How To Care For A Cat After Spaying Or Neutering

Spayed or neutered cats often live longer and healthier lives. The procedure reduces the chance of getting highly fatal diseases like uterine infections, breast cancer, and testicular cancer. This is mainly the reason why, aside from deterring unwanted pregnancies, spaying and neutering is a procedure undergone by many domestic cats.

Spaying and neutering are also proven to alter cat behavior. Cats are less likely to leave home. Mating behavior is also lessened, if not totally eradicated. This is important because the mating urge of cats often put them in danger like when they become aggressive towards other male cats.

It is also a better and effective way to control the feline population and, consequently, reduce the number of euthanasia for cats in shelters. Hence, governments often have spaying and neutering programs.

With its many benefits, spaying and neutering is still an invasive surgery. This means that there are risks including death. Ensure that you are having the procedure at a reputable veterinary clinic.  Explore your options and examine if your cat is in the right shape for the procedure with a veterinarian.

Here are important things to remember in caring for a cat after spaying or neutering:

Spaying or neutering care starts even before the surgery begins.  There are actually a few important steps that must be taken to ensure the safety of the procedure. This is what we call preoperative and postoperative care.

A safe and secure enclosure during transport is necessary. Appropriate temperature, air conditioning, and ventilation must always be considered in transporting animals. Lastly, consistently monitor the cat during transportation to ensure that they are okay.

It was stipulated in the published Article, “Veterinary Medical Care Guidelines for Spay and Neuter Programs” by the journal of the American Veterinary Medical Association that food should be withheld prior to surgery.  However, water is not to be withheld. The time frame would vary with each cat and with each age group so consult your veterinarian to get the appropriate time frame.

If after the surgery, the veterinarian suggests that the cat stay confined at the clinic, follow the advice. The reason for this is that there are cats that need monitoring to make sure that everything goes well. Cats also get high on the anesthesia and might do things that damage their wounds.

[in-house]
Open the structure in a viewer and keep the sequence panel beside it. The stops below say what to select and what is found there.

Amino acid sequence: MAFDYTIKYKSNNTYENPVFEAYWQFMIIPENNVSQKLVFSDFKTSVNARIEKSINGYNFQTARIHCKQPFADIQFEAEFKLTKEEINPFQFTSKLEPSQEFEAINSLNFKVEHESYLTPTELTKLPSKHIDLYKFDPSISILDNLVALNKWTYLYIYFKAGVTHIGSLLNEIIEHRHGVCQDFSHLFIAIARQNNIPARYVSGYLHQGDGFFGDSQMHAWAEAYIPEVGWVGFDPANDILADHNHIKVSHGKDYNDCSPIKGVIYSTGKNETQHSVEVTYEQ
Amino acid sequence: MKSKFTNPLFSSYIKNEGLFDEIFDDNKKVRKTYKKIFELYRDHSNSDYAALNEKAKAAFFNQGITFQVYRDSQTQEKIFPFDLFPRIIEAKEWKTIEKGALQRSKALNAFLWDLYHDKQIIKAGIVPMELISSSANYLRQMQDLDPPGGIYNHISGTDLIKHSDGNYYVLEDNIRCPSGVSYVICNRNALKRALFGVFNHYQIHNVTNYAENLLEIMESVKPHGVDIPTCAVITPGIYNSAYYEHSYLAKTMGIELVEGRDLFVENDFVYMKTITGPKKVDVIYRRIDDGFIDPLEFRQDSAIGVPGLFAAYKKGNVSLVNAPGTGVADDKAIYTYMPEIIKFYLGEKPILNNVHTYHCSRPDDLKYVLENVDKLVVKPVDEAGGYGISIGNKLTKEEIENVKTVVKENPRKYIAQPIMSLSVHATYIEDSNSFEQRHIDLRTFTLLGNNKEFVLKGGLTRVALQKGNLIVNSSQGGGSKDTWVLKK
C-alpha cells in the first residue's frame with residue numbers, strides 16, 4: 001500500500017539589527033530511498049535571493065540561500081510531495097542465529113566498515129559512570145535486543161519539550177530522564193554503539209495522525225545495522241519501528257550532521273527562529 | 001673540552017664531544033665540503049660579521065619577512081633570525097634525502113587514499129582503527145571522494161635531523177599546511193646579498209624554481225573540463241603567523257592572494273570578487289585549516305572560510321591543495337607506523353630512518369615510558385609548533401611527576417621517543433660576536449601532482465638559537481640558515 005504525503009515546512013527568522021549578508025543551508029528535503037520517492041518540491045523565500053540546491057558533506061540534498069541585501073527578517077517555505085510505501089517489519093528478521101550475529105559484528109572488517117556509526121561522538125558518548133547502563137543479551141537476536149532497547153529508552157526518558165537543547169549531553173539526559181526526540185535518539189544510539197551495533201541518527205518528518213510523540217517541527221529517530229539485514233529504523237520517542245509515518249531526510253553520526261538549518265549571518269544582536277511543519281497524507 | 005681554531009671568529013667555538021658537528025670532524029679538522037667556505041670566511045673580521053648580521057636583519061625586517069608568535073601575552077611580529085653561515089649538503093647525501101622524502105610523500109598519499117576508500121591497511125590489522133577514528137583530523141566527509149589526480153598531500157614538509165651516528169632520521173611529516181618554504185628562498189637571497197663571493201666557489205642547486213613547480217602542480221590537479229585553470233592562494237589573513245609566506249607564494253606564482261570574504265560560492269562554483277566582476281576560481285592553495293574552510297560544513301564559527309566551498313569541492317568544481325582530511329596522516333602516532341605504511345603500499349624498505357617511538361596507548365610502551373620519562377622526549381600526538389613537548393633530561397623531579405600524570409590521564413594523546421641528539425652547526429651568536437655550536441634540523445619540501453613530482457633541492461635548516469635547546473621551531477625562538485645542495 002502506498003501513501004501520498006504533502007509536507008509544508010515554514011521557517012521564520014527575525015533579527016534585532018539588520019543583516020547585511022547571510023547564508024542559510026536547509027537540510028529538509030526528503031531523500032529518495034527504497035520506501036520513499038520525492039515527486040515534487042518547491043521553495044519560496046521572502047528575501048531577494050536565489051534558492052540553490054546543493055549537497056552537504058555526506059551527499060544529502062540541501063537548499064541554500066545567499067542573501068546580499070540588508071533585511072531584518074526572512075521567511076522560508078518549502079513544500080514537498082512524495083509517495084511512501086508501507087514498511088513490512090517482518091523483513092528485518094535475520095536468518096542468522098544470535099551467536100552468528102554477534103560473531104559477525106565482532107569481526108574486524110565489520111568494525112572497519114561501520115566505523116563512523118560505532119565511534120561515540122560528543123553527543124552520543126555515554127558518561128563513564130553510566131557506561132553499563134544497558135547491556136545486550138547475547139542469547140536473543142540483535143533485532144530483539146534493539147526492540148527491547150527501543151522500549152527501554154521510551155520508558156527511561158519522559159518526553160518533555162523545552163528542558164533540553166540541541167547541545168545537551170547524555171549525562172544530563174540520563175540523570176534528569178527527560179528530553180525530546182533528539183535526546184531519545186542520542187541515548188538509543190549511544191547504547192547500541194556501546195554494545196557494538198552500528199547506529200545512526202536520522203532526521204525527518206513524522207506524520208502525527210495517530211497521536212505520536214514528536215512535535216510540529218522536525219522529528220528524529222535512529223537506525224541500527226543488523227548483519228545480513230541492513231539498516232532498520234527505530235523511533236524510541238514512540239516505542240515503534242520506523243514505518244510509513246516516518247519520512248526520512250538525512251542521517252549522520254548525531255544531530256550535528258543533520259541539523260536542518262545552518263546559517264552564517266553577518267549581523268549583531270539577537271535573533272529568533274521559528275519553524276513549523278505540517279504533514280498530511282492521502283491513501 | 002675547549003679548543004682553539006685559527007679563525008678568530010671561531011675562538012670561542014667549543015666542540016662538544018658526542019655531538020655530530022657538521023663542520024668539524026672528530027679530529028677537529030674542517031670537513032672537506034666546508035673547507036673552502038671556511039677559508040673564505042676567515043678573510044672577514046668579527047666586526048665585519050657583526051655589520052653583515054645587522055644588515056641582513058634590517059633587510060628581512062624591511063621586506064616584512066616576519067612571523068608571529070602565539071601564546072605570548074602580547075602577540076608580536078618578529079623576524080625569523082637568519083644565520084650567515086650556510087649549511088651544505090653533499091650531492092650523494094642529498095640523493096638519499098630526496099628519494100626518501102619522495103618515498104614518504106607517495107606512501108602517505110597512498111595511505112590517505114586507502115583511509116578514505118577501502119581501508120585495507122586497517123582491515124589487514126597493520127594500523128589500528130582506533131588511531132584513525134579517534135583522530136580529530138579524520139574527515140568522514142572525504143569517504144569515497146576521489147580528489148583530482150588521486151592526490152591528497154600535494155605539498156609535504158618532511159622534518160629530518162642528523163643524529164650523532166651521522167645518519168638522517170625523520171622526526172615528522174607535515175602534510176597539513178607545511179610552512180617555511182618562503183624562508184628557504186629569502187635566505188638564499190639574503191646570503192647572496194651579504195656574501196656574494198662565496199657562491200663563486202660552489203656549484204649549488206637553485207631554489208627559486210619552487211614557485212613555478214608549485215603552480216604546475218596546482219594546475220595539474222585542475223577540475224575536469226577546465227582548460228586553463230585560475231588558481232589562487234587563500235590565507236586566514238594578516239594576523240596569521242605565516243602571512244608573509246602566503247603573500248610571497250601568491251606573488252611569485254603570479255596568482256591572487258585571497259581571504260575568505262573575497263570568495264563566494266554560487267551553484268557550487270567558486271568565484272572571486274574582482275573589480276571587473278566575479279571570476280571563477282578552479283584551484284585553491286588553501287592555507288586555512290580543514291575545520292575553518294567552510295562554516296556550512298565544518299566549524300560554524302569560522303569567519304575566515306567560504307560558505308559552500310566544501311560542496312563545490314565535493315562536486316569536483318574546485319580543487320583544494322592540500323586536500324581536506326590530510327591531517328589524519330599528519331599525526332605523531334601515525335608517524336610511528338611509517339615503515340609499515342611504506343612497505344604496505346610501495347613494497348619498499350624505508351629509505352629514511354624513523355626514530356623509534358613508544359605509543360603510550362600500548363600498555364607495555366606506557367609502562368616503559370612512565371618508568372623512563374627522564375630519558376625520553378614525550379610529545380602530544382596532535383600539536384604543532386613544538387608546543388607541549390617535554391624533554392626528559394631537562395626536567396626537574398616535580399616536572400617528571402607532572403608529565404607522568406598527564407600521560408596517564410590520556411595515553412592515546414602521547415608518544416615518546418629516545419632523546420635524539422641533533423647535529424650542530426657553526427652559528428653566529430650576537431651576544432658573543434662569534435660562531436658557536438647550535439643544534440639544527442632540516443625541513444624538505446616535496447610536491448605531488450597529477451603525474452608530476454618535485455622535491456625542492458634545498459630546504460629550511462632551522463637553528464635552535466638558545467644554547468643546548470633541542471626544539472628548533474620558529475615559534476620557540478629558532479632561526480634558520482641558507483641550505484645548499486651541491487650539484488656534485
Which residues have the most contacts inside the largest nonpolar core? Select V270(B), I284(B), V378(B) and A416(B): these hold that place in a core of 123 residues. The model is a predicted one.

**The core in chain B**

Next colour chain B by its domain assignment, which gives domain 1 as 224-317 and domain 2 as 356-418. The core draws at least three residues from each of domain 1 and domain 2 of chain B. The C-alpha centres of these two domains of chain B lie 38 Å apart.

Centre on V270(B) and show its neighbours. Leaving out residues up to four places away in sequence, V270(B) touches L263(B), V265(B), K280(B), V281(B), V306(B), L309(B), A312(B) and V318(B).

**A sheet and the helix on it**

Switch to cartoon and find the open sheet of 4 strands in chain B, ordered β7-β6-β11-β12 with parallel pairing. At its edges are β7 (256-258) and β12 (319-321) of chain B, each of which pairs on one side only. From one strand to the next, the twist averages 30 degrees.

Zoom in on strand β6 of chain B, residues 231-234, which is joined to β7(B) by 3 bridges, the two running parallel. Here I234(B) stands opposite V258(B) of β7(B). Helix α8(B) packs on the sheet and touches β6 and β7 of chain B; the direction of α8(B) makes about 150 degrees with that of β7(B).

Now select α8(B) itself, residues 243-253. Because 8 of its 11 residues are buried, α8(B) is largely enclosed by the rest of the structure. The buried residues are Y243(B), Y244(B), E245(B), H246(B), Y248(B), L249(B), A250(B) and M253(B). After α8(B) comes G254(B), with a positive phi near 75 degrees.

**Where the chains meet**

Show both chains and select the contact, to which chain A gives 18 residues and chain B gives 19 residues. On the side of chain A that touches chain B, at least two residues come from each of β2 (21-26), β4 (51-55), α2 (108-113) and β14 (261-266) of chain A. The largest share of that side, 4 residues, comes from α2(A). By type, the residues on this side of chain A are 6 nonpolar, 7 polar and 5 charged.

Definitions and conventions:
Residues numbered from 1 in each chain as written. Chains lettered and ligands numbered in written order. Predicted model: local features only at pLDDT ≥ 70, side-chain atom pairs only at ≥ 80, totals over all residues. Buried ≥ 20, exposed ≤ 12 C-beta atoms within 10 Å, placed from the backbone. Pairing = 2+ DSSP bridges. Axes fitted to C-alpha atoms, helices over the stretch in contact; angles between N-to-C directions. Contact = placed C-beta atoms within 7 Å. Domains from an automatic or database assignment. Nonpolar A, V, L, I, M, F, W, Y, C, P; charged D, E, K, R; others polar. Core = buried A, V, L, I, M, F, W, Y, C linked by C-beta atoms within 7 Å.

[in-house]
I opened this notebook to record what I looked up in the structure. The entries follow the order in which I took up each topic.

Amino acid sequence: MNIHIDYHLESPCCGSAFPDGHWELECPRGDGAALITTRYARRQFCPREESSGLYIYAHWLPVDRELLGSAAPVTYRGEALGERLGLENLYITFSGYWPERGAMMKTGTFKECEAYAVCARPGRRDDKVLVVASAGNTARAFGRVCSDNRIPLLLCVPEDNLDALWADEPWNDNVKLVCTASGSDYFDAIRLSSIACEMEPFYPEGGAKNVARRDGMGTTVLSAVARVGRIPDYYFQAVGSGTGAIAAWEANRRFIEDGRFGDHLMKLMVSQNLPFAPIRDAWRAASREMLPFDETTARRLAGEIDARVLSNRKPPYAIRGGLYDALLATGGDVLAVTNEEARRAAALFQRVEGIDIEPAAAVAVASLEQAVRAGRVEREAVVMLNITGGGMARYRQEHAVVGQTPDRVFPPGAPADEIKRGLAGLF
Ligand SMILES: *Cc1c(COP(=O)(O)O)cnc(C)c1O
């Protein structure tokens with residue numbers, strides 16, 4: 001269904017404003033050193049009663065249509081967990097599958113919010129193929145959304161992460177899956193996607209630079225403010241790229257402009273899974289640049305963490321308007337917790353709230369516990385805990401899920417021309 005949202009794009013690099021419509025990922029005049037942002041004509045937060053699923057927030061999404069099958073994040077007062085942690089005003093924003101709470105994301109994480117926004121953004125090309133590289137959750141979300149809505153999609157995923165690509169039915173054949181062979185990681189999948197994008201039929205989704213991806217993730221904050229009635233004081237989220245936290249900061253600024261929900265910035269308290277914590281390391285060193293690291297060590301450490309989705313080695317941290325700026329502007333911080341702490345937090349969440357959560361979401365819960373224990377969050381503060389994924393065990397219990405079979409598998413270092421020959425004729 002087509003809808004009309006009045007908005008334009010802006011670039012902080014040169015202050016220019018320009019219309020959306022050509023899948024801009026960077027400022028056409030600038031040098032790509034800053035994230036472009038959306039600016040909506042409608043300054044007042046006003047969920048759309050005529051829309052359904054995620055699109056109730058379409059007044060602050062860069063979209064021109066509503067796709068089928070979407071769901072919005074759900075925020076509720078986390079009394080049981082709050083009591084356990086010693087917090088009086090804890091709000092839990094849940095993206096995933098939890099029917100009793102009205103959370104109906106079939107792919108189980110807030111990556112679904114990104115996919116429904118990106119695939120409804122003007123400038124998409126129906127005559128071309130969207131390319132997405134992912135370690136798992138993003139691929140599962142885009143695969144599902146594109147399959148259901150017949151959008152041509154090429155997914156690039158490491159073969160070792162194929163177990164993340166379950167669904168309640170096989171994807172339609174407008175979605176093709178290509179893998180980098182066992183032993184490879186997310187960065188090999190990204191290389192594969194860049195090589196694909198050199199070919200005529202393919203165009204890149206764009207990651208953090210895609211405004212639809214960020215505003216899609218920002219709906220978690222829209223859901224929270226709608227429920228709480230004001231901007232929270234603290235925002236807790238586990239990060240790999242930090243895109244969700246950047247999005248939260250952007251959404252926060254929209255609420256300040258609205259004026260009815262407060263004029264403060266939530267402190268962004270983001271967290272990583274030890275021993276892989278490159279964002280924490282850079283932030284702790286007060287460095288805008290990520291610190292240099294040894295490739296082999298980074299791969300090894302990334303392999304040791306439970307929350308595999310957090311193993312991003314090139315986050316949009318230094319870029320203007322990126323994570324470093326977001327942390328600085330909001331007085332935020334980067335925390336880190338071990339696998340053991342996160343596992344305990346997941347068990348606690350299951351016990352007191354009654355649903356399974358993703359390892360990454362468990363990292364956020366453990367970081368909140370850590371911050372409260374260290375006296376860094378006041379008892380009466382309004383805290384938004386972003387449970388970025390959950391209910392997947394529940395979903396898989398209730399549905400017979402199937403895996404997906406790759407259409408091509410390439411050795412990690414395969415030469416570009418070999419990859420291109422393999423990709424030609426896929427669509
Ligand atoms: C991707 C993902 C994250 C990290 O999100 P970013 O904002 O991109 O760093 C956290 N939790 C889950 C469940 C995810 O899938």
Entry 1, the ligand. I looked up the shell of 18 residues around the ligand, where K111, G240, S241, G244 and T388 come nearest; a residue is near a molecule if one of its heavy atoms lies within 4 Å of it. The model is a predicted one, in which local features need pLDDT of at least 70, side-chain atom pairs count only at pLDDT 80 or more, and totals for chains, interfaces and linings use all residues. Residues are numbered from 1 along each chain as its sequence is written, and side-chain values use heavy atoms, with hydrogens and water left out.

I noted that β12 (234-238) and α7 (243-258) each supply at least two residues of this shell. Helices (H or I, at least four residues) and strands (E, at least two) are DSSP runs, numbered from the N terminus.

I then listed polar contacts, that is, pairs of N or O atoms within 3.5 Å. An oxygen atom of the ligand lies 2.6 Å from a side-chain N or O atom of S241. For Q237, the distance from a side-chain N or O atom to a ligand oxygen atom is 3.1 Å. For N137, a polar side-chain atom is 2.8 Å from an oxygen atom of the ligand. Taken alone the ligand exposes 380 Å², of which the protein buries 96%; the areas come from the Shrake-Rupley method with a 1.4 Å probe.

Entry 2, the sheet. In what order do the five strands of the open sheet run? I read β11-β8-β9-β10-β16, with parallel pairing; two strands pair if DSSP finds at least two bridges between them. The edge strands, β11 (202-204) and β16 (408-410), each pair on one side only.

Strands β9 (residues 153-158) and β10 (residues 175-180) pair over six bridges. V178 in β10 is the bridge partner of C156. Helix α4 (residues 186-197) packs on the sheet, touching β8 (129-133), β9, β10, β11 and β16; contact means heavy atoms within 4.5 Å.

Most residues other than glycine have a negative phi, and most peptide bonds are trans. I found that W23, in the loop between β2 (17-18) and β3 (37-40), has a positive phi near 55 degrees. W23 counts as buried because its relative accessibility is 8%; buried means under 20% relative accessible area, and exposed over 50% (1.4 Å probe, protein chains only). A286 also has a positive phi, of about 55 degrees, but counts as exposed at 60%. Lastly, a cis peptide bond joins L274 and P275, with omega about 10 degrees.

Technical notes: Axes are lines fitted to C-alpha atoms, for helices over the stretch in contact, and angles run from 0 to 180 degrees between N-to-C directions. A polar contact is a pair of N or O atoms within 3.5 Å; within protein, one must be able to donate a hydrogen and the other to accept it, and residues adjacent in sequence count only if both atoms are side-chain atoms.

Vigorous activity is discouraged while the cat is healing to avoid damage to the suture or wound. If they are especially active, try to put them in a crate. It is also a good idea to put them in a room that is isolated from other cats.

Do not let cats lick their wound. They might be tempted to lick or mind their wounds. For instances like this, an Elizabethan collar may be employed to prevent them from reversing a healing surgical wound.  

Don’t bathe your pet for ten days after the surgery. This is to keep the wound clean and dry while it is healing.  If a doctor instructs you to apply topical medication, follow the prescription religiously. If the wound gets dirty, try to clean it with a saline solution or whatever the veterinarian advised you to use. It is important to regularly check on the wound to see if there is any unusual bruising or infection.  Your vet will describe to you what’s normal and what is a cause of concern. If you see anything that’s out of the normal, make sure to bring your pet to the veterinary right away.

If you are given a medical prescription for the cat, usually in the form of tablets or syrup, religiously follow the dose and the schedule of medication.

After the wound has completely healed, schedule a check-up to make sure that everything is how they are supposed to be and that there are no medical problems that an untrained eye would miss.

Having your cat spayed or neutered is a major step for your pet. It is good for them and their health in the long term. For a short while, however, it might be uncomfortable for them. It is then your job, as the owner to be more supportive of your cat during this time.

Should I Feed My Cat Vegetables?

Cat owners often find themselves asking, “Should I feed my cat vegetables?”. When our cats are starting to get obese, or simply because we think it might benefit them nutritionally, cat owners consider feeding their cats vegetables. After all, vegetables are healthy for humans. Then, it must be healthy for cats as well.

This notion could not be farther from the truth. Cats and humans have very different digestive features and very different nutritional needs. Cats have evolved to solely eat meats. Because of this, they do not have the necessary enzymes to digest and benefit from vegetables. Hence, they are a testament to the saying: “If you don’t use it, you lose it.” Needless to say, cats are strict carnivores and the introduction of vegetables to their diet does not benefit them. In fact, it often proves to be detrimental when fed significant and frequent bouts.